I kept having forehead-smacking moments: O-o-o-oh, that's probably what that student was thinking. O-o-o-oh, no wonder I was so frustrated when I was in high school.
The book begins with an explanation of the "Adolescent Operating System" and a reminder to be patient with kids whose brains are still developing, who haven't yet learned to handle strong emotions, and who may push away our attempts to help them.
The main reason kids reject our assistance and advice is because of negative experiences in the past. The authors asked groups of adolescents for "a list of adult behaviors that they have encountered that make it less likely they will seek adult support when they have a problem."
The list included:
- giving unwelcome advice;
- not acting interested; and
- not maintaining confidentiality.
Then they asked the kids "What really does help?"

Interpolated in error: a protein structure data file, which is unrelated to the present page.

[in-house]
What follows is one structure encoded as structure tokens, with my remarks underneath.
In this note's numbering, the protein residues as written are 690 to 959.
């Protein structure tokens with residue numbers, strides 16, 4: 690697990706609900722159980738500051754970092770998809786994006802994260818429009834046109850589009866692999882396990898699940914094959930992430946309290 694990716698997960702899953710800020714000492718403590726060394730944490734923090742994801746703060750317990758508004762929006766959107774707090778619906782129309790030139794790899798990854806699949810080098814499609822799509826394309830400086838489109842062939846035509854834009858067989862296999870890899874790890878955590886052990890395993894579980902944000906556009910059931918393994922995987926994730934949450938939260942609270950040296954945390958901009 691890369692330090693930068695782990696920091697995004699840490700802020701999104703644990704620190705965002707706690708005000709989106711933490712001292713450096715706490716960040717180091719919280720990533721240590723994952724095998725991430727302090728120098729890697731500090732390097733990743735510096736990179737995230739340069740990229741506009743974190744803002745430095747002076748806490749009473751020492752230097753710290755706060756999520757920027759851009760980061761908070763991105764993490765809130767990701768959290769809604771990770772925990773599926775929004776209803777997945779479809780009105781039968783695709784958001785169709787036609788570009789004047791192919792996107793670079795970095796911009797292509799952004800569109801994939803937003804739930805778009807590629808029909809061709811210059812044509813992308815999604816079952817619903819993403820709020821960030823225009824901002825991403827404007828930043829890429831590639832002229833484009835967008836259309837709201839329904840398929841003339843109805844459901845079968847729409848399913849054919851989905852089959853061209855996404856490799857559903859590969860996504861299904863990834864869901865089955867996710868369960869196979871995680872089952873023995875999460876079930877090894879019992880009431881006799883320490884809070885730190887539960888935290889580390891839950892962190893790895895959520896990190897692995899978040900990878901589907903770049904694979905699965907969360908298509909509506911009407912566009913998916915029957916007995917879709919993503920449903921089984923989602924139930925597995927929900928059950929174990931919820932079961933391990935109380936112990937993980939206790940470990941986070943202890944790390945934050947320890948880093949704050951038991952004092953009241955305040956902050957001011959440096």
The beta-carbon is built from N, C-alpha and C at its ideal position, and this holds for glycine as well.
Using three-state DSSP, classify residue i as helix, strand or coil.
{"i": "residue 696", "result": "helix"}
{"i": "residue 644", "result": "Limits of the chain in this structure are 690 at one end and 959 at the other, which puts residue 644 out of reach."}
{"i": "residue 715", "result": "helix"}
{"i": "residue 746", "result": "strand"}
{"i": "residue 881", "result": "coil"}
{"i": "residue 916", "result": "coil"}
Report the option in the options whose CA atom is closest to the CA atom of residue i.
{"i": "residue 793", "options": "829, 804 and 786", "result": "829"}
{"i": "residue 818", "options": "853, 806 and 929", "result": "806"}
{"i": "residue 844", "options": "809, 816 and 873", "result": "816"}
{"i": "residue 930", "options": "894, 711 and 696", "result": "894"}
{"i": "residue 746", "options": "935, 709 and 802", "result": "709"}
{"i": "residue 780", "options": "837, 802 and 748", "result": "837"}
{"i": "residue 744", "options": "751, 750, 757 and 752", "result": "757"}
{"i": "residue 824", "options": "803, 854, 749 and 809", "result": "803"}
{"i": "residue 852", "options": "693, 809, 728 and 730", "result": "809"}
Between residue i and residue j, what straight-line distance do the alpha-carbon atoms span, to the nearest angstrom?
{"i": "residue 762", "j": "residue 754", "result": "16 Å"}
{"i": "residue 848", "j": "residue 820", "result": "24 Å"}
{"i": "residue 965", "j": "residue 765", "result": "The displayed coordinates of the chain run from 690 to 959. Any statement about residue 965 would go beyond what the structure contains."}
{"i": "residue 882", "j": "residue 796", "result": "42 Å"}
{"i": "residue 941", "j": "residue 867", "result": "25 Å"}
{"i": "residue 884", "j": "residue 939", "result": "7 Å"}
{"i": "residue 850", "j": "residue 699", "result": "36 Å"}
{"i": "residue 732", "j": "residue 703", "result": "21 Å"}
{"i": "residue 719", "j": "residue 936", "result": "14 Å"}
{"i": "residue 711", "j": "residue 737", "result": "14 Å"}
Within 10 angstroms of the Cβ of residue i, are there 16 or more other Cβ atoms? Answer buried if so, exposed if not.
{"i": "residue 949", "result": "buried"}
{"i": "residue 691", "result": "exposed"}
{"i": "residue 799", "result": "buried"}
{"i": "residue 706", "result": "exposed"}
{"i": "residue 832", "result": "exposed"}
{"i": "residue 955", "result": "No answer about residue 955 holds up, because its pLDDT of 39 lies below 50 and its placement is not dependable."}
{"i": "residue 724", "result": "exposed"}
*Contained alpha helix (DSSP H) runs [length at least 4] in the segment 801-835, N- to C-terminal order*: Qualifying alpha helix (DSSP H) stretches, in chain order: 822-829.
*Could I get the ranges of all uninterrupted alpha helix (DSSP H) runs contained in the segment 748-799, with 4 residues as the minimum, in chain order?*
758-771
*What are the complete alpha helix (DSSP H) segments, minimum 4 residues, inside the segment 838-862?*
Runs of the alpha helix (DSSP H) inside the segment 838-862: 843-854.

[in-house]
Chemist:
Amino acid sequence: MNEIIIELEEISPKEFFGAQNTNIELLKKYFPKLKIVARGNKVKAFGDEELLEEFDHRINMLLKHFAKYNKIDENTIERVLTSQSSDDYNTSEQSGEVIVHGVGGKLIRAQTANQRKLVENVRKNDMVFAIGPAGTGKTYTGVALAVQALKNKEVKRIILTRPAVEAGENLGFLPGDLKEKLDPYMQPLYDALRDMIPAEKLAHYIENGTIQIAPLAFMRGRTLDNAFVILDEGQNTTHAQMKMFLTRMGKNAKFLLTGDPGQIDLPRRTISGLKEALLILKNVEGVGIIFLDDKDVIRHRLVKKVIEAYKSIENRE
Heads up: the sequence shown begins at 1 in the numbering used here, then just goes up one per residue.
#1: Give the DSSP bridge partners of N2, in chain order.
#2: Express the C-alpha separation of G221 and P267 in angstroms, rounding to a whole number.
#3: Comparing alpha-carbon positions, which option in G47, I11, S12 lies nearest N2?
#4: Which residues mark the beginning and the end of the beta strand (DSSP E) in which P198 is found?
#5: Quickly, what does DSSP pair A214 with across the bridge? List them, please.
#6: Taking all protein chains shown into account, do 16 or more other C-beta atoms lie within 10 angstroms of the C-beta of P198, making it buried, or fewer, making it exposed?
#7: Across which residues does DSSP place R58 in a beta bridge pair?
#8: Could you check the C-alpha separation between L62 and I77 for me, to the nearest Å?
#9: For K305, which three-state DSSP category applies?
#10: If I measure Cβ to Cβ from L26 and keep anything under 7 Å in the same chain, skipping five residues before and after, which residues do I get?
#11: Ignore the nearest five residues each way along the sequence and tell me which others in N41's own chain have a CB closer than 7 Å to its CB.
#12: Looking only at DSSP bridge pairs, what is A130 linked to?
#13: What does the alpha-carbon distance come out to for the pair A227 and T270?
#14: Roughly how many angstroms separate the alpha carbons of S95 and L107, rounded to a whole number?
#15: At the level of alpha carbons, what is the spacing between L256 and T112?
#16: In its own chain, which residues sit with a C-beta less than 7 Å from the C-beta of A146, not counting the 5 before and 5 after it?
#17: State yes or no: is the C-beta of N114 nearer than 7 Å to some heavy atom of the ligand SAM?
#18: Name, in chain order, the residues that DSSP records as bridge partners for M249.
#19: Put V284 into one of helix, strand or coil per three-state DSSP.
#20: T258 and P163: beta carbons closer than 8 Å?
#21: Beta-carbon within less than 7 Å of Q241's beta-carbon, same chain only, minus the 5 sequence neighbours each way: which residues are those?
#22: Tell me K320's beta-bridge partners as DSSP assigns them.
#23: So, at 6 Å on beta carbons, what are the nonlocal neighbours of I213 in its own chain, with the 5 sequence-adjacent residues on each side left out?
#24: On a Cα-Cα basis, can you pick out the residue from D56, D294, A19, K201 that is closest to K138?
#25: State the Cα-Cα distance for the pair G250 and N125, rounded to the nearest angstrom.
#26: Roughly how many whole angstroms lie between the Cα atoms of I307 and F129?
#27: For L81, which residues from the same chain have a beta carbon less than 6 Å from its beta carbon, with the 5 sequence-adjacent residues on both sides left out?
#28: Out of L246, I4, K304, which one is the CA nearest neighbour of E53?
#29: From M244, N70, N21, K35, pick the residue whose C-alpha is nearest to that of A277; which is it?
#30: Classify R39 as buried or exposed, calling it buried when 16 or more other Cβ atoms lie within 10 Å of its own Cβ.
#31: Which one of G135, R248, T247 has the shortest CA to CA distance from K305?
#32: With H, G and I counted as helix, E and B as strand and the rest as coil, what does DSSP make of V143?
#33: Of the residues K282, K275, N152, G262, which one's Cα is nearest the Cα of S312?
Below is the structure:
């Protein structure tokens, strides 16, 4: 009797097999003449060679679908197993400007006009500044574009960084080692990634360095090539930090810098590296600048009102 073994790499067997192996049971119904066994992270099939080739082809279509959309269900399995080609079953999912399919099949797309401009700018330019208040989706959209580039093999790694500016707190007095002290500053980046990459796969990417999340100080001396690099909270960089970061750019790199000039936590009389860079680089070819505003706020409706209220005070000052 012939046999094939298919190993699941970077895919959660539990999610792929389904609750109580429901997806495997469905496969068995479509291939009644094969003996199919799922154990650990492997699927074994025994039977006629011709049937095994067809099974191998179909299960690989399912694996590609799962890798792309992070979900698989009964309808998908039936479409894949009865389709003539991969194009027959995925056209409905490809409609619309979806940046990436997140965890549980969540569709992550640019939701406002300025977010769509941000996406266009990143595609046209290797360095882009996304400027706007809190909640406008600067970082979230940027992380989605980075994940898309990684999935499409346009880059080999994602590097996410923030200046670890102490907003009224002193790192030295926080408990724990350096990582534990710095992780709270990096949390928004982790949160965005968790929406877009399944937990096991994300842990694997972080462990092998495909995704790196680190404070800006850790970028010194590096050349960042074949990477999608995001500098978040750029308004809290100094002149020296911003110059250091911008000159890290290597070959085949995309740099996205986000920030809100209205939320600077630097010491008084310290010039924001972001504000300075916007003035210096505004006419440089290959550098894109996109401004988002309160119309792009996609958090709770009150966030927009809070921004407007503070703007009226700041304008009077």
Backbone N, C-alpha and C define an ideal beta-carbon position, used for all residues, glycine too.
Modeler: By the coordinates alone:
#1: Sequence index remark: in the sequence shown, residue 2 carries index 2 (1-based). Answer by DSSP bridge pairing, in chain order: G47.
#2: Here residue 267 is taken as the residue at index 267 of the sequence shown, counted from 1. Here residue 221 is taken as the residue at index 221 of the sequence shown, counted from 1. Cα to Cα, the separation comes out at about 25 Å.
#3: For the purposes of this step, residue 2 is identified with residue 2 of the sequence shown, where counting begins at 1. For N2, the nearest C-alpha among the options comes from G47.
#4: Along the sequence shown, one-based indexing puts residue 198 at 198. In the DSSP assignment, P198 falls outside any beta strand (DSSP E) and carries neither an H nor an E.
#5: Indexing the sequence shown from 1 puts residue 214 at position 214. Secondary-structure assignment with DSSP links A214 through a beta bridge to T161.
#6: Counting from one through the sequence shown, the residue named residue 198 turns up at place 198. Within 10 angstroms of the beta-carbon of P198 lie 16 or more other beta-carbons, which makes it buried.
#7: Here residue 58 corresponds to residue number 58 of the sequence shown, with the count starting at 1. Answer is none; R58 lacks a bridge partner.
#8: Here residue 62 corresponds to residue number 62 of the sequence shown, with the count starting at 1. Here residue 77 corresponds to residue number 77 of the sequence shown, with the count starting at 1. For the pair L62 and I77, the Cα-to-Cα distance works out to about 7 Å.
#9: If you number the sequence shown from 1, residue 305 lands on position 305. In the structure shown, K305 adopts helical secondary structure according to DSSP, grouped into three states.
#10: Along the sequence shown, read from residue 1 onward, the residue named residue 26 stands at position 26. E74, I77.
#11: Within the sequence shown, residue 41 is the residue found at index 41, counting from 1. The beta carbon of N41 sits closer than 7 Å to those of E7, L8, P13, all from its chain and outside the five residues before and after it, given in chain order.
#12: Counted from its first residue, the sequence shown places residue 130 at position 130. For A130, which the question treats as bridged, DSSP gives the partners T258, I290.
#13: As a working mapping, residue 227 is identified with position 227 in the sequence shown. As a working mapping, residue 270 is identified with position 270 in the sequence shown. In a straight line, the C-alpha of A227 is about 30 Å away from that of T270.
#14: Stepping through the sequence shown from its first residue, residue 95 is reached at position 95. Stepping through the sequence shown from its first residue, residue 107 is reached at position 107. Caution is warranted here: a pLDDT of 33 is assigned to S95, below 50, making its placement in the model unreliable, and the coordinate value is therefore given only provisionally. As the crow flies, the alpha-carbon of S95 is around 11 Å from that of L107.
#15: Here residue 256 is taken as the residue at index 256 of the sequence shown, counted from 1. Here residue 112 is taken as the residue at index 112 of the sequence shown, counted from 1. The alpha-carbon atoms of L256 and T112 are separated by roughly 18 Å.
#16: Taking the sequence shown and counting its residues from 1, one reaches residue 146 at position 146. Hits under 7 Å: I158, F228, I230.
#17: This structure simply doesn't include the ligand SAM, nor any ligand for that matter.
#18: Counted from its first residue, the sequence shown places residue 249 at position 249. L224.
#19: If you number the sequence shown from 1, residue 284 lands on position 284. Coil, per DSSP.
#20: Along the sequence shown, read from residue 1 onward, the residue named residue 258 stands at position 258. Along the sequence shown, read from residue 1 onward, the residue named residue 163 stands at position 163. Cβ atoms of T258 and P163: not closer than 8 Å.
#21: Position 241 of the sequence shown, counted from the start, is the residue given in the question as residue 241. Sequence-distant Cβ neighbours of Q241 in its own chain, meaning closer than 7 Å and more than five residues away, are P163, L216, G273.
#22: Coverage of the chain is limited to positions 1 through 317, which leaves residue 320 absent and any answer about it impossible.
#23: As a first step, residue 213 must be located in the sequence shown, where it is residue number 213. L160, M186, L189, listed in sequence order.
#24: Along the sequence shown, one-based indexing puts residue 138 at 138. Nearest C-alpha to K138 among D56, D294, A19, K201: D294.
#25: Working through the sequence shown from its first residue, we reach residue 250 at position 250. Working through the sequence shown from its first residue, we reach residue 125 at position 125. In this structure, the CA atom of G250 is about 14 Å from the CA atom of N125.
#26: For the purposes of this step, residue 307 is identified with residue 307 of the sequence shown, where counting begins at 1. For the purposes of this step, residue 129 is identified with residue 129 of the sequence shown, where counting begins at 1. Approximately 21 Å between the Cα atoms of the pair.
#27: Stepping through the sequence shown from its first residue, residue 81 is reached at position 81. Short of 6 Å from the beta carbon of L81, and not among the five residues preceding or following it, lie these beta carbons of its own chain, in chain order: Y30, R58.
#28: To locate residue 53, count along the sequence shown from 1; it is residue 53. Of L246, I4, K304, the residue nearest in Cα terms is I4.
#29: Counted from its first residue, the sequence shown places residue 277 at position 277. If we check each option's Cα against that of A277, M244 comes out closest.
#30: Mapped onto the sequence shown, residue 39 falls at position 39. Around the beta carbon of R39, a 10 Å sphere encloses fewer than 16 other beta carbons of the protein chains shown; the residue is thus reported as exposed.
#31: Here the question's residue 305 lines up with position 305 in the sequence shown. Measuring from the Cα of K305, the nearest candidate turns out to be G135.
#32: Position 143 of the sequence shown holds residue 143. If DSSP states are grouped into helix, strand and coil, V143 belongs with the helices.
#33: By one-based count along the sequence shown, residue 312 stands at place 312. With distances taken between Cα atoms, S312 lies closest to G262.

1. Listen to me.
2. Show they care about me.
Of course, that's harder than it sounds when we're already stretched too thin with all of the other demands on our time and energy.
What Works With Teens gives practical, realistic advice on dealing with typical challenges like:
- how to "strike a balance between being an available and helpful adult and empowering teens to take responsibility";
- validating teens' emotions and experiences without necessarily condoning their actions; and
- remaining open to constructive feedback rather than getting defensive.
With permission from New Harbinger Publications, next week I'll post a sample passage about providing clear, consistent boundaries in a way that's kind and respectful to teens.
The Importance of 'Deep Listening' to Young People (guest post)
Mindfulness for Teachers and Teens (interview)
The Mindful Teen (recommended book)
Setting Boundaries with Teens (book excerpt)
Wise Elder Visualization: A Practice for Parents and Teachers